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6 Wimborne Road
Poole, Dorset, BH15 2BU
United Kingdom

01202 649100

The UK's elite Barbering College based in Poole, Dorset; offering a wide range of qualifications from the most respected barbers in the business (including NVQ Levels 2 & 3)

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Taylor Talks

Keep up to date with everything happening relating to barber training and our courses.

Alcohol in the Barbers

Mike Taylor

Beer.jpg

It is a growing trend in the industry for salons and barbershops to offer a free beer, or a glass of wine or champagne with the haircut. But does this work? Can you offer this? And is it worth offering this? Here’s my thoughts:

Does it work?

To a degree, yes. From previous experience when offering a beer most clients will turn it down but either way, they tell their friends about it and it becomes a talking point amongst groups of people. I have had a lot of clients say I have been recommended here my mate said this a cool relaxed place where you can have a beer when getting a haircut. Then I offer them one and they say no. Offering a beer gives the image of a cool, relaxing barbershop and helps your business stand out from the crowd.

Can you offer this?

Technically speaking, you need an appropriate licence to be able to include alcoholic drinks as part of the service. If the supply of alcohol is linked to a sale – even if the client is not specifically being charged for the drink - then a licence is needed. So, if you’re not giving anyone who walks past the shop a free drink then, strictly speaking, the cost of the drink is included in the service and they are paying for it.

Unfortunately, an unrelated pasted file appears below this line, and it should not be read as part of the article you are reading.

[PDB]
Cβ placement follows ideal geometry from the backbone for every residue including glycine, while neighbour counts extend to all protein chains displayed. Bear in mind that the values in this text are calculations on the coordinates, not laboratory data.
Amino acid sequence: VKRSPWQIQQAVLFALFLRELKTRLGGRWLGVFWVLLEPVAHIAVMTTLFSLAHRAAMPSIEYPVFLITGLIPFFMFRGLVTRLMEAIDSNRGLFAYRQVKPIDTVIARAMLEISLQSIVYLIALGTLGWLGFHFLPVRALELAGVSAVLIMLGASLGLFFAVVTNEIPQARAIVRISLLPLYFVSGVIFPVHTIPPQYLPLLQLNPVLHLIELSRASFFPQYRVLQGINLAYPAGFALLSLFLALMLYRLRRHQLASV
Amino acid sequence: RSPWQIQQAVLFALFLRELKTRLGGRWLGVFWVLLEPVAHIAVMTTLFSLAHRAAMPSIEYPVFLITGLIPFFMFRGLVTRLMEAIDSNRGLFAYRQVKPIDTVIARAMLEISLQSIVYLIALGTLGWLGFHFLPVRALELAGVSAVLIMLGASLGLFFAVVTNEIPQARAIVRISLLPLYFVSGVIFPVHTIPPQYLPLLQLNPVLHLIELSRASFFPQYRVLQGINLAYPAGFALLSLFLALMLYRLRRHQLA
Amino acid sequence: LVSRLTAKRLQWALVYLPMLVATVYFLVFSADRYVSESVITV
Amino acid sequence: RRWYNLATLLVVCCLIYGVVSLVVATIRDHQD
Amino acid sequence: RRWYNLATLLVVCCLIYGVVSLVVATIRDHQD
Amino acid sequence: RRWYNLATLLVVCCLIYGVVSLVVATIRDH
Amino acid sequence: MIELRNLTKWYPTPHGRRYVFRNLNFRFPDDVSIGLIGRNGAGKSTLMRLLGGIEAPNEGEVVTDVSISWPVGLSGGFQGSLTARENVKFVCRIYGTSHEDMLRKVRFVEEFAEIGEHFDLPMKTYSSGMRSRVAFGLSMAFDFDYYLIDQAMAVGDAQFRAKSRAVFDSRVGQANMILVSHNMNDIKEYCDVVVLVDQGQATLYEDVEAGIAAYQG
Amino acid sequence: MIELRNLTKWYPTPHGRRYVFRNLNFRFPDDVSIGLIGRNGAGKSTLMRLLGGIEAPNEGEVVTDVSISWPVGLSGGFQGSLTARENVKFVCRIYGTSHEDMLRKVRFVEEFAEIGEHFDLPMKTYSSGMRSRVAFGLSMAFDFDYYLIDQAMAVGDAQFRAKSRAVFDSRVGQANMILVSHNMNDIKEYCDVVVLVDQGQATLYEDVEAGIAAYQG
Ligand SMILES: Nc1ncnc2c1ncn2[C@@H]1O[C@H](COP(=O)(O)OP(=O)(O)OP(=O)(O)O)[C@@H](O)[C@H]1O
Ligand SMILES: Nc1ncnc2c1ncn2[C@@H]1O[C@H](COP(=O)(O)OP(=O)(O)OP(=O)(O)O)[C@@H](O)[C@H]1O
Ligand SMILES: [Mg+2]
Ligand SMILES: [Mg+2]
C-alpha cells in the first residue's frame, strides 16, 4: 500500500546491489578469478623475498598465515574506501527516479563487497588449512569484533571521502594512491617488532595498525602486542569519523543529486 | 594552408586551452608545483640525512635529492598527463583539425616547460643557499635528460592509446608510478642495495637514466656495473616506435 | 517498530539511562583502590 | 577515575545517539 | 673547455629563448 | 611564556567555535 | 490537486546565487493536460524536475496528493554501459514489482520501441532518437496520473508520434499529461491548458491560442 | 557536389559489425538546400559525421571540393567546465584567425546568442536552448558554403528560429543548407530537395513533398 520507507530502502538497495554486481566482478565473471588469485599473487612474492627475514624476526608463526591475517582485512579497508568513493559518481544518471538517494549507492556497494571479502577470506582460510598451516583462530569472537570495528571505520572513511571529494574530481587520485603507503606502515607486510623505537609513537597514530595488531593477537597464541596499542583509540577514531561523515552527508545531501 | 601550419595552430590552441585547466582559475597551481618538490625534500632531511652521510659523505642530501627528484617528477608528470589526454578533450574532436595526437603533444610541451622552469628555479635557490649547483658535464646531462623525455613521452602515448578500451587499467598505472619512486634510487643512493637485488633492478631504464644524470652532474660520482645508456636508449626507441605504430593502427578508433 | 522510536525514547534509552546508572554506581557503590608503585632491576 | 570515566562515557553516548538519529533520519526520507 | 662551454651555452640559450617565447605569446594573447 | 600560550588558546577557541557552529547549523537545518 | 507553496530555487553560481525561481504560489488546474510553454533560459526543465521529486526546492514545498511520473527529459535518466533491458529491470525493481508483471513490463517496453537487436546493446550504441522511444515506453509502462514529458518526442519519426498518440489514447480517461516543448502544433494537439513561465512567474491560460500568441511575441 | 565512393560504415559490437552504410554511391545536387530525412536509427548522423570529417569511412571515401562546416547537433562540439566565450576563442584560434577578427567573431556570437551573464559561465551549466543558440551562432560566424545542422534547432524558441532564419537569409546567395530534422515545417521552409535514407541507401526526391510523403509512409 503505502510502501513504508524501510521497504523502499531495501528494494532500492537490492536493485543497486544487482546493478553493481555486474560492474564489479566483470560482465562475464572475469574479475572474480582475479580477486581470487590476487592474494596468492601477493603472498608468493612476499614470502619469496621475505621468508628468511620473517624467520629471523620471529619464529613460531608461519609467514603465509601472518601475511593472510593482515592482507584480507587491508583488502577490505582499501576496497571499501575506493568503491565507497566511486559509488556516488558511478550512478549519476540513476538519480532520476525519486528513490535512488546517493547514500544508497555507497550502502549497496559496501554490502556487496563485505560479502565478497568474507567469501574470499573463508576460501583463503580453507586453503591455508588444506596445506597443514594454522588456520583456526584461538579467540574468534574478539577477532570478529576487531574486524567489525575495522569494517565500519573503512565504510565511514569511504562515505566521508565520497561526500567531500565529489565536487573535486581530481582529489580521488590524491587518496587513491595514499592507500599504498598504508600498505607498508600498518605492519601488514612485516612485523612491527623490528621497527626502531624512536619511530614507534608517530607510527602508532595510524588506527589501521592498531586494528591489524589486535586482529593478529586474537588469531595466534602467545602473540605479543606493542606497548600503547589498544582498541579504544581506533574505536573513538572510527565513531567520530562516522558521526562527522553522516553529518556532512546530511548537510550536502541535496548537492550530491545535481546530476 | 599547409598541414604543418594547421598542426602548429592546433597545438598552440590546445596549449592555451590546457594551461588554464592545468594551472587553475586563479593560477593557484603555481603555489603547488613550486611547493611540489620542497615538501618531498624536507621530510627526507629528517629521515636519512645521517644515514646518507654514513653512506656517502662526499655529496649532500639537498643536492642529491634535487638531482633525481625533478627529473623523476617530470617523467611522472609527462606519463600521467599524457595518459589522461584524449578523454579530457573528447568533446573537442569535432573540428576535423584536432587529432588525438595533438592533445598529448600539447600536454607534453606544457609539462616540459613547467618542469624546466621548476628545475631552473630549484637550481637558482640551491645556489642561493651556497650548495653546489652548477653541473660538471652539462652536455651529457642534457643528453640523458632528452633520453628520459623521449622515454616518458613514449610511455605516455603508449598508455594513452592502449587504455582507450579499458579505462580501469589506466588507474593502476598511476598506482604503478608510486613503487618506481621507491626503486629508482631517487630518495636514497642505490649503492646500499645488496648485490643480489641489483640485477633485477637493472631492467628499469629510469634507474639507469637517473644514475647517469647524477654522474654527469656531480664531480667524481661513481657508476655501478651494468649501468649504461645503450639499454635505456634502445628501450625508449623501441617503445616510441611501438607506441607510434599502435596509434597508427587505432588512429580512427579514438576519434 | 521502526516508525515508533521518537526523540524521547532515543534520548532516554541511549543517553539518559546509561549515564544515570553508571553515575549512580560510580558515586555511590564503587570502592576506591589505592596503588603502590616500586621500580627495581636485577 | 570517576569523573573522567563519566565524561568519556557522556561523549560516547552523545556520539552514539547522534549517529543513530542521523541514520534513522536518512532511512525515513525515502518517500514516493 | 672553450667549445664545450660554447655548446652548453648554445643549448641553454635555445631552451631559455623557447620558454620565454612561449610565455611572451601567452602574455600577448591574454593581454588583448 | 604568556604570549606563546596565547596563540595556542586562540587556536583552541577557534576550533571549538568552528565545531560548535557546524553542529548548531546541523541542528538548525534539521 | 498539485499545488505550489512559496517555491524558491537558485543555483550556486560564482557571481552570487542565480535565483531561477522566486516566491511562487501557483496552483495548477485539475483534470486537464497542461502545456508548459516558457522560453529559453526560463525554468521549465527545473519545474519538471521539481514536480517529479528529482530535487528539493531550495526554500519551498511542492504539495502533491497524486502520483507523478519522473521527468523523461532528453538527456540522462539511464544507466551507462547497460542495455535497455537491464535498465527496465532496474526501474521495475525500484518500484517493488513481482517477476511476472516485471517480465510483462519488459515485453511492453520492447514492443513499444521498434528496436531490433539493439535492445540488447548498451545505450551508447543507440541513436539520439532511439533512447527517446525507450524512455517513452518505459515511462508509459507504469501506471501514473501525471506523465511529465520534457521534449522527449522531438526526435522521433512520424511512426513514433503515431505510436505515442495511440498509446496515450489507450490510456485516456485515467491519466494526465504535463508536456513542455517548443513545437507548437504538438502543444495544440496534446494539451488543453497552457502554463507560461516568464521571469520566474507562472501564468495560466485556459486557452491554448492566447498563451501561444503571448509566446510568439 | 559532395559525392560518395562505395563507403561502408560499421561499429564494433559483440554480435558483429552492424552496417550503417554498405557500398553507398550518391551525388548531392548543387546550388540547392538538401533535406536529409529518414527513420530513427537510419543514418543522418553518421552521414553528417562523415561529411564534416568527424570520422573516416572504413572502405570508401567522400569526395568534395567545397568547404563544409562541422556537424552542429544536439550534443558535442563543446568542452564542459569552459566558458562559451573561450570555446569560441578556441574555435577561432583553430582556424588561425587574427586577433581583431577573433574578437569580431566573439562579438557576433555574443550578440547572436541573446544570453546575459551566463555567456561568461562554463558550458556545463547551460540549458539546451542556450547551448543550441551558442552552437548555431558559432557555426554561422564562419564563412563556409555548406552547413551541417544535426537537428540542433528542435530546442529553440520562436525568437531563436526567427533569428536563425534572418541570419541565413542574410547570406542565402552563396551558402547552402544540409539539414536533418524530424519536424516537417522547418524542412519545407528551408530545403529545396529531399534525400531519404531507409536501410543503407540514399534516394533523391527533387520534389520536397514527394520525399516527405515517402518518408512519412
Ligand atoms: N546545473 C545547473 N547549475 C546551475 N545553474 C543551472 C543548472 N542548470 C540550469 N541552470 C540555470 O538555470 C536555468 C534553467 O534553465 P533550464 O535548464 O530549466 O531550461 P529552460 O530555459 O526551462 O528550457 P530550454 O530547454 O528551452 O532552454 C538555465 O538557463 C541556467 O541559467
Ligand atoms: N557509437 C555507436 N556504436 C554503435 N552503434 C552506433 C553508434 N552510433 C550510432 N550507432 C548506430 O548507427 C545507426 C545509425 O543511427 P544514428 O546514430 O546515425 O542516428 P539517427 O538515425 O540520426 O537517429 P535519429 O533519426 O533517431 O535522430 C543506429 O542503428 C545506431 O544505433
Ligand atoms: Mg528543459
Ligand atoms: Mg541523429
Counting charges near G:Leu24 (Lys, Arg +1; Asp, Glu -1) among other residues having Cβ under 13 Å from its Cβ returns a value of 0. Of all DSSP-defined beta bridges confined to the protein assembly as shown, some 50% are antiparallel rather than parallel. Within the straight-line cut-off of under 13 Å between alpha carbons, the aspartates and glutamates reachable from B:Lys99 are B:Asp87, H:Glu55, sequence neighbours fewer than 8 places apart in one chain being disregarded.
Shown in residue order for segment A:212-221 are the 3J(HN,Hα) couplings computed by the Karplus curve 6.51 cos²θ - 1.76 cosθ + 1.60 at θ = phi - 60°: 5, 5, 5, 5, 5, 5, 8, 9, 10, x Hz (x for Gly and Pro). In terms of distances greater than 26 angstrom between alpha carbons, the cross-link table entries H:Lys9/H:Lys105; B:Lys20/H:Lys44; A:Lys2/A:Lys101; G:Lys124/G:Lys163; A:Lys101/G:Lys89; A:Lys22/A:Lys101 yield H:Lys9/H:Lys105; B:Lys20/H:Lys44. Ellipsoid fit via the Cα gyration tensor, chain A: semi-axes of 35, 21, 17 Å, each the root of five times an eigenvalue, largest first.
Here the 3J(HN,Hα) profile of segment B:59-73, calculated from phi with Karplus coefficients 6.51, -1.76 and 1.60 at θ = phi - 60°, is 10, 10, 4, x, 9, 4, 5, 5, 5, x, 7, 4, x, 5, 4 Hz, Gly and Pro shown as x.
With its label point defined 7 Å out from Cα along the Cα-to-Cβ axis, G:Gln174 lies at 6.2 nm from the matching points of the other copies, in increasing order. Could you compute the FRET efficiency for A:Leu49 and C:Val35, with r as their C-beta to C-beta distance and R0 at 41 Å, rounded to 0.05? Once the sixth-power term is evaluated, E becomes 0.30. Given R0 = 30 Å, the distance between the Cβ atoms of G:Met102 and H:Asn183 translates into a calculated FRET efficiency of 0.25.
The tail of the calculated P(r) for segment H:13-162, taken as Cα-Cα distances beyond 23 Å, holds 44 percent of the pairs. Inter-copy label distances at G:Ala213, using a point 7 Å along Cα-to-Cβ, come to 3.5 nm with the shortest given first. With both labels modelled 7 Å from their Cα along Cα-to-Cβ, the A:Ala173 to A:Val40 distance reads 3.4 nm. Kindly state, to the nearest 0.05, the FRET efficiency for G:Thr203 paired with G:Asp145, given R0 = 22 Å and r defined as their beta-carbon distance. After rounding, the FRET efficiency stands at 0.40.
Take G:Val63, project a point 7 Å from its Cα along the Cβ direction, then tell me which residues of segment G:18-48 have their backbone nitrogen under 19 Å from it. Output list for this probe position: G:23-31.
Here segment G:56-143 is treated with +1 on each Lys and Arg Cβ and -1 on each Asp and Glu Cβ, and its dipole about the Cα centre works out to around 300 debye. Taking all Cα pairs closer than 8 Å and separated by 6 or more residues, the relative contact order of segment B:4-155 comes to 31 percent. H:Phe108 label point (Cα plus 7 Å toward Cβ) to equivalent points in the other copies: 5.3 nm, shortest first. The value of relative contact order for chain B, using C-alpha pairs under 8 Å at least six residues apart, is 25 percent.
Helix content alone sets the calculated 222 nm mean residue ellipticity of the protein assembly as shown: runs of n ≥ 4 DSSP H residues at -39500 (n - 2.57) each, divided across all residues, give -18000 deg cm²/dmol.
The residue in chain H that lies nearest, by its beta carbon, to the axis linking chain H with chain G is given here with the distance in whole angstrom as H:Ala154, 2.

According to the Licensing Act, you must have two licenses to sell alcohol. The first is a Personal Licence – required for the person authorized to sell the alcohol; and the second is a Premises Licence – required for the premises from which you sell alcohol. Both licenses come at a cost, which varies depending on the local authority.

However, the council have come into my barbershop before because they thought I was selling alcohol as part of the service. I argued my case as I would often give a beer to my client’s friends and family who weren’t paying for a haircut. The man from the council went on to suggest that if someone came in off the street and requested a beer then I wouldn’t give him one. I said I would but it’s unlikely someone would walk into my barbershop and ask for a free beer. After all, Barclays offer me a free coffee when I have an appointment, but no-one walks into a bank off the street and asks for a cuppa. The long and short of the story is that having beer in my barbershop wasn’t important enough to me to argue my case with the local authority. I knew it would be a drawn-out process that I was likely to lose so I stopped having it. 

Is it worth offering this?

Personally, I think it is definitely worth it! Being able to give a beer to clients (and their friends) helps the barbershop become a social hub where clients can relax whilst they get their haircut. But the most important thing is that it’s done right. Invest in a beer sub with little glasses so they can have a small glass of beer which is a little classy. Also make sure the area is clean and well maintained. Try to avoid cans of beer as you could risk the barbershop looking slightly uncouth and attracting a different type of clientele. Plus, the last thing you would want is your clients needing the toilet half way through their haircut.